What Really Is PTSD?

What Really Is PTSD?

ptsd

We have been talking a lot about trauma recently. When trauma is left untreated, ignored or mis-understood, something called Posttraumatic Stress Disorder (PTSD) can develop. Sadly, it is estimated that 1 in 11 people will be diagnosed with this in their lifetime.

Because the truth is, it does not just affect our veterans, but affects each person who has experienced trauma that has gone untreated. Women are twice as likely than men to develop this. And chances are, either yourself or someone you know well will go through this at some point in life.

What is PTSD?

Posttraumatic Stress Disorder ‘is a psychiatric disorder that may occur in people who have experienced or witnessed a traumatic event’ – The American Psychiatric Association.

Given that we now know trauma looks different to each of us, it makes sense that this can be such a tricky thing to diagnose and understand.

When trauma occurs – meaning when an experience happens that negatively impacts our outlook on life causing us to form limiting belief systems that do not serve us – and we never address the incidents or how we were made to feel, it makes sense that a form of PTSD will develop in us.

PTSD Symptoms

Just as trauma looks different in each of us, PTSD does as well. It can cause hallucinations that are very, very real, causing one to relive a very negative/scary experience over and over. PTSD can cause nightmares, negative thoughts, self-destructive behaviors, depression, anxiety, self-harm, memory loss, being easily irritable, self-isolation, paranoia all on various levels unique to the individual. Loud sounds and random things can trigger any of these symptoms to appear at any time, beyond anyone’s control.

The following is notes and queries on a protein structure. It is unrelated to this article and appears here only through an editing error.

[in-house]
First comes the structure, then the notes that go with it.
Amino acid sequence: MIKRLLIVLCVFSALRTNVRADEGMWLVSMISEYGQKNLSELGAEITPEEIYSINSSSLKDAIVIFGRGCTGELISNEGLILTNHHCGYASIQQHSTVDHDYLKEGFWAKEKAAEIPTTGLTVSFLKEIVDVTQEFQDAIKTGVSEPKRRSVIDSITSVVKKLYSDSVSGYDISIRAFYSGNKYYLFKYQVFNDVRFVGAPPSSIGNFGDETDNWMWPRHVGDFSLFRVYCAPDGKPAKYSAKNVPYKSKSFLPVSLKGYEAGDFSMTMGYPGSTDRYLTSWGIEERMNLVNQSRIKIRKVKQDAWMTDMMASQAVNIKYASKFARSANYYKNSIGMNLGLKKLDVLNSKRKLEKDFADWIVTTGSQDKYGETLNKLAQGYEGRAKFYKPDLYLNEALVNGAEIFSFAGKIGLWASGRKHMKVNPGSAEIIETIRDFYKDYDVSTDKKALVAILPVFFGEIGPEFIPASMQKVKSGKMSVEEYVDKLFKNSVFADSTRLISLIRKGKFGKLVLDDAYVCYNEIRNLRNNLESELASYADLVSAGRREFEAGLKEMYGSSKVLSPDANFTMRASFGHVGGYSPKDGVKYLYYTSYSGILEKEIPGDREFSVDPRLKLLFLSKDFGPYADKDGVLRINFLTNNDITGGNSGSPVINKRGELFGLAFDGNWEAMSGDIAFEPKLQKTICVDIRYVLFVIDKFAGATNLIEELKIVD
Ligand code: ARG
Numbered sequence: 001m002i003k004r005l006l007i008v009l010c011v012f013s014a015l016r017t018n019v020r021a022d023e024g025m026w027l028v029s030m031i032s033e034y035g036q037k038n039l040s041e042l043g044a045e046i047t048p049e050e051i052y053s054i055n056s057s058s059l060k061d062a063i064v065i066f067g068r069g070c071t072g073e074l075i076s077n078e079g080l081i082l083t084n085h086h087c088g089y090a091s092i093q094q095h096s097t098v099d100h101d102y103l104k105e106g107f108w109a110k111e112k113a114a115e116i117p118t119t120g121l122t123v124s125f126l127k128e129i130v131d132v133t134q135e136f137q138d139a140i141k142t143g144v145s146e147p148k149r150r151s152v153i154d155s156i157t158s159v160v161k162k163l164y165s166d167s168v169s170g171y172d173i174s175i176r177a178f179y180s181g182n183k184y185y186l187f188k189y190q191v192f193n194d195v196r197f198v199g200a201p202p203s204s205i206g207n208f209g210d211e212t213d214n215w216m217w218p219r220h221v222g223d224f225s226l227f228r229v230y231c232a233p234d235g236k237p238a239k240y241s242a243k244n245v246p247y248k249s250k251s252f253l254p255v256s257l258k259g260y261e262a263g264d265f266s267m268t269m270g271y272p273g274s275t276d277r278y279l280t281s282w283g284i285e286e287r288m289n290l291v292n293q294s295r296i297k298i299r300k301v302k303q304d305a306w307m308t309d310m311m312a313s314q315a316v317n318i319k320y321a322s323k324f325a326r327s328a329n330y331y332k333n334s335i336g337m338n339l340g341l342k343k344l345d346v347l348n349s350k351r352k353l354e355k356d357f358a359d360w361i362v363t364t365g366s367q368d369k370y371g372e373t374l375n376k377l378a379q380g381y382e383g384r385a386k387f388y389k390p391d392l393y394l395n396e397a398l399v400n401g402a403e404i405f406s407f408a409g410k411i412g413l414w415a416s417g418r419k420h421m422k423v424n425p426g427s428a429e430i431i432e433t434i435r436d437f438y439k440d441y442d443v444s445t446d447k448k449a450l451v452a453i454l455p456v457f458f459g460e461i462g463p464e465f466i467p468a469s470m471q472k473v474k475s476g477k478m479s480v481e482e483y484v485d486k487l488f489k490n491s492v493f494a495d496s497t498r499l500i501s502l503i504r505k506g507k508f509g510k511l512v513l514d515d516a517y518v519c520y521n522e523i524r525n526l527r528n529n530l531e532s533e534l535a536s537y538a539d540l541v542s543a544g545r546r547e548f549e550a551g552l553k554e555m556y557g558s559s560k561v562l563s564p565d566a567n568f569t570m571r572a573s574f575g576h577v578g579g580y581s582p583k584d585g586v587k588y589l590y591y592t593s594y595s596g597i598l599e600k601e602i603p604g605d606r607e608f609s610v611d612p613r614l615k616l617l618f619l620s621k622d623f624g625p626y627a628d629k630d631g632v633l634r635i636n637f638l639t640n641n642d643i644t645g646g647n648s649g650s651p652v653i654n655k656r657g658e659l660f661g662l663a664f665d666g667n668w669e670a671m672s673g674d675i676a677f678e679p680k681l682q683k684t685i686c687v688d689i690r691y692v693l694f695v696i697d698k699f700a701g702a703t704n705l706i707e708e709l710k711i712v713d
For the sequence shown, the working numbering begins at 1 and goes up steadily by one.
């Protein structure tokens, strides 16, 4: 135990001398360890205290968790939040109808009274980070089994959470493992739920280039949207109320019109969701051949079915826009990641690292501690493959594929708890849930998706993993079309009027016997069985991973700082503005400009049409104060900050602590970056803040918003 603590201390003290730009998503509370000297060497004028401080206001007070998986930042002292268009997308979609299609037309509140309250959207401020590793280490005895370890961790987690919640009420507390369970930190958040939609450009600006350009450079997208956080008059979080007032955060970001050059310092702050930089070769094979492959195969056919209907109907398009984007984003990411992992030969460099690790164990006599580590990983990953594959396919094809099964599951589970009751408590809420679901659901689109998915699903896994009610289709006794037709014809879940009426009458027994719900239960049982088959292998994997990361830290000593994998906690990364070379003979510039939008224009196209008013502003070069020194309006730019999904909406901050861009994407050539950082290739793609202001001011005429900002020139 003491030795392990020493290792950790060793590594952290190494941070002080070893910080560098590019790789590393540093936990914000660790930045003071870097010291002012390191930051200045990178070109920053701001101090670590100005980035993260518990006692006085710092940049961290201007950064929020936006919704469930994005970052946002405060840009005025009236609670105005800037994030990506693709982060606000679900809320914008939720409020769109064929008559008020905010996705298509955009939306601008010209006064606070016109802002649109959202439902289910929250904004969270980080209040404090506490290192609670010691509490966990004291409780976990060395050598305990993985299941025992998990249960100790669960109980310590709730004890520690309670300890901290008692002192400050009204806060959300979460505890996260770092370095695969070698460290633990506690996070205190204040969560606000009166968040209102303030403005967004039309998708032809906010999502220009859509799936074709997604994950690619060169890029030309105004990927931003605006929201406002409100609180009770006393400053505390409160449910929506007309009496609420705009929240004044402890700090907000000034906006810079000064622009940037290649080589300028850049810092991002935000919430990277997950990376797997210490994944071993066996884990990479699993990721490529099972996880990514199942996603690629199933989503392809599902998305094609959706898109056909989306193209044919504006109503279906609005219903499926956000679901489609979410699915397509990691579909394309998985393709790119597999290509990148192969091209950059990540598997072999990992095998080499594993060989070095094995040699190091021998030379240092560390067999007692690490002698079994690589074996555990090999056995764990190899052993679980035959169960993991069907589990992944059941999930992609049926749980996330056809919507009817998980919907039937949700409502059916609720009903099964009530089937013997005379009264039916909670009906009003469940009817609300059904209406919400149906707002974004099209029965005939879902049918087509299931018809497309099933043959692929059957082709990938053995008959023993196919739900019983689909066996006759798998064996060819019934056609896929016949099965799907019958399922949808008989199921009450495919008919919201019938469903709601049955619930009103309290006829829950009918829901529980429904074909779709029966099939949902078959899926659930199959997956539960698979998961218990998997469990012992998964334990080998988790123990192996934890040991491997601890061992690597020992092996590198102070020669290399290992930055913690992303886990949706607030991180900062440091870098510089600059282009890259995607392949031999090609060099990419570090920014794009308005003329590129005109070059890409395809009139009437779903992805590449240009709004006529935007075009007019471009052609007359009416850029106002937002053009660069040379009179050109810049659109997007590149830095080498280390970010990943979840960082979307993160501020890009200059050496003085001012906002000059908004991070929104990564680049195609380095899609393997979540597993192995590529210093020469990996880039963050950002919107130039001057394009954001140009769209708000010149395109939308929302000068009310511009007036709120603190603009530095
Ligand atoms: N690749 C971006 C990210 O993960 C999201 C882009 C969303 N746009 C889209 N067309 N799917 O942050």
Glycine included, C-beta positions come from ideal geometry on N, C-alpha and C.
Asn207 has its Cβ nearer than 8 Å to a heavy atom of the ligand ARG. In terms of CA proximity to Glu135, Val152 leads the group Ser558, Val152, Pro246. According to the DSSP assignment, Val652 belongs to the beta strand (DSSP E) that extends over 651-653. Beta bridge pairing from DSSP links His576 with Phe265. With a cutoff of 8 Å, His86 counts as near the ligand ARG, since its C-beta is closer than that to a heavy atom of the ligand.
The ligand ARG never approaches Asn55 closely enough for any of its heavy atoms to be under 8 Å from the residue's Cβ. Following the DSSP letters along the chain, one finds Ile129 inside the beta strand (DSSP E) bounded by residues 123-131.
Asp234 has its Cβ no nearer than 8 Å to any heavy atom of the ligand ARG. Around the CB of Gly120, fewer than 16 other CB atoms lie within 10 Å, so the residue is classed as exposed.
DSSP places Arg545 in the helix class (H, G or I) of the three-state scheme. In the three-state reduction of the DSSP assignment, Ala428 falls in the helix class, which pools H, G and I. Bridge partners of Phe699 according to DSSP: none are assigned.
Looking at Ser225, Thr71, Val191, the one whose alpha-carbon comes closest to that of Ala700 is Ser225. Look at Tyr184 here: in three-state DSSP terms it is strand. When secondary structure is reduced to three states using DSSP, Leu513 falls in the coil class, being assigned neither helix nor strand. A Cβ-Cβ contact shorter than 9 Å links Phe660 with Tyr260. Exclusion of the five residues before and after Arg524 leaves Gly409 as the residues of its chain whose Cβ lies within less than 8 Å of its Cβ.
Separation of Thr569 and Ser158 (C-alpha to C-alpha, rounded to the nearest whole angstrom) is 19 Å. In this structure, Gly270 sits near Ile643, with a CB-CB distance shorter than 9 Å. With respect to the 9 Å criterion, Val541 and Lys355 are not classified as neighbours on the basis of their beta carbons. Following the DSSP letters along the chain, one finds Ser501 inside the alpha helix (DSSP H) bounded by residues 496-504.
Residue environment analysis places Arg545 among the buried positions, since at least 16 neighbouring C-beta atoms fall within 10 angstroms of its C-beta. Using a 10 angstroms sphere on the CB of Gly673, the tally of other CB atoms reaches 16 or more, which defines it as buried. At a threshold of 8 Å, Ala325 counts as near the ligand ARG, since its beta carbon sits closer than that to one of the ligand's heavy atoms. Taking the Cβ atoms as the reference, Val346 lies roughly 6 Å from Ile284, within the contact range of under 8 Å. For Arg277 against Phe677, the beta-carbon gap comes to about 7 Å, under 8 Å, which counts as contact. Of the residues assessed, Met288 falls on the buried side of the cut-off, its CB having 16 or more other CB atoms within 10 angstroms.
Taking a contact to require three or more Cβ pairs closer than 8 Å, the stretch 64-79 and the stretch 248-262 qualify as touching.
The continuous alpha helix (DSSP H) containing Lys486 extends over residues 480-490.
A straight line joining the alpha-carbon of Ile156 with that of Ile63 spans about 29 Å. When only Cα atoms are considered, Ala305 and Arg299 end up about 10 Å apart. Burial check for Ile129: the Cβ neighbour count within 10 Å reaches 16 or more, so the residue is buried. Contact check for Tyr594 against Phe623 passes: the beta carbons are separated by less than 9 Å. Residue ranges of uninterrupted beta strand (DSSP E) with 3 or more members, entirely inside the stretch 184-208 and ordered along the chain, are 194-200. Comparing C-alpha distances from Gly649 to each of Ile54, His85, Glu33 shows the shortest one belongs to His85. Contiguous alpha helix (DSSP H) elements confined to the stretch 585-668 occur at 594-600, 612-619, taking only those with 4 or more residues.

These symptoms do not develop overnight and likewise may occur for a while after the experience then go away for a bit. In order for it to be PTSD, one will experience any of these in any variation for more than a month to the point that they are causing problems for the person within their daily lives. Often times, PTSD will not rear it’s ugly head for many years. Lying dormant in our brains, creating all kinds of limiting beliefs and destructive behaviors that go unnoticed for many, many years.

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It can be crippling when it hits. Our bodies have physical reactions to things we may not understand at first. We go into one of four modes – Fight, Flight, Freeze or Fawn mode. Our brains communicate danger to our bodies, providing adrenaline that makes us act in ways we can not always control depending on the level of danger our brain is processing us at.

Some fly into a rage, some disappear for a while, some start laughing uncontrollably, some can barely get out of bed, some can’t stop crying, some get super paranoid. I could go on, but I think you get the point. It looks different for everyone and it is very real.

The good news is that treatment is readily available! People can and do live very happy lives with the right help and understanding.

Learning about PTSD is so important, because no one deserves to stay in the dark. Ever. Come into the light with us, we are waiting for you. Contact me here

Malibu Mama Loves Xx

Author: malibumamaloves

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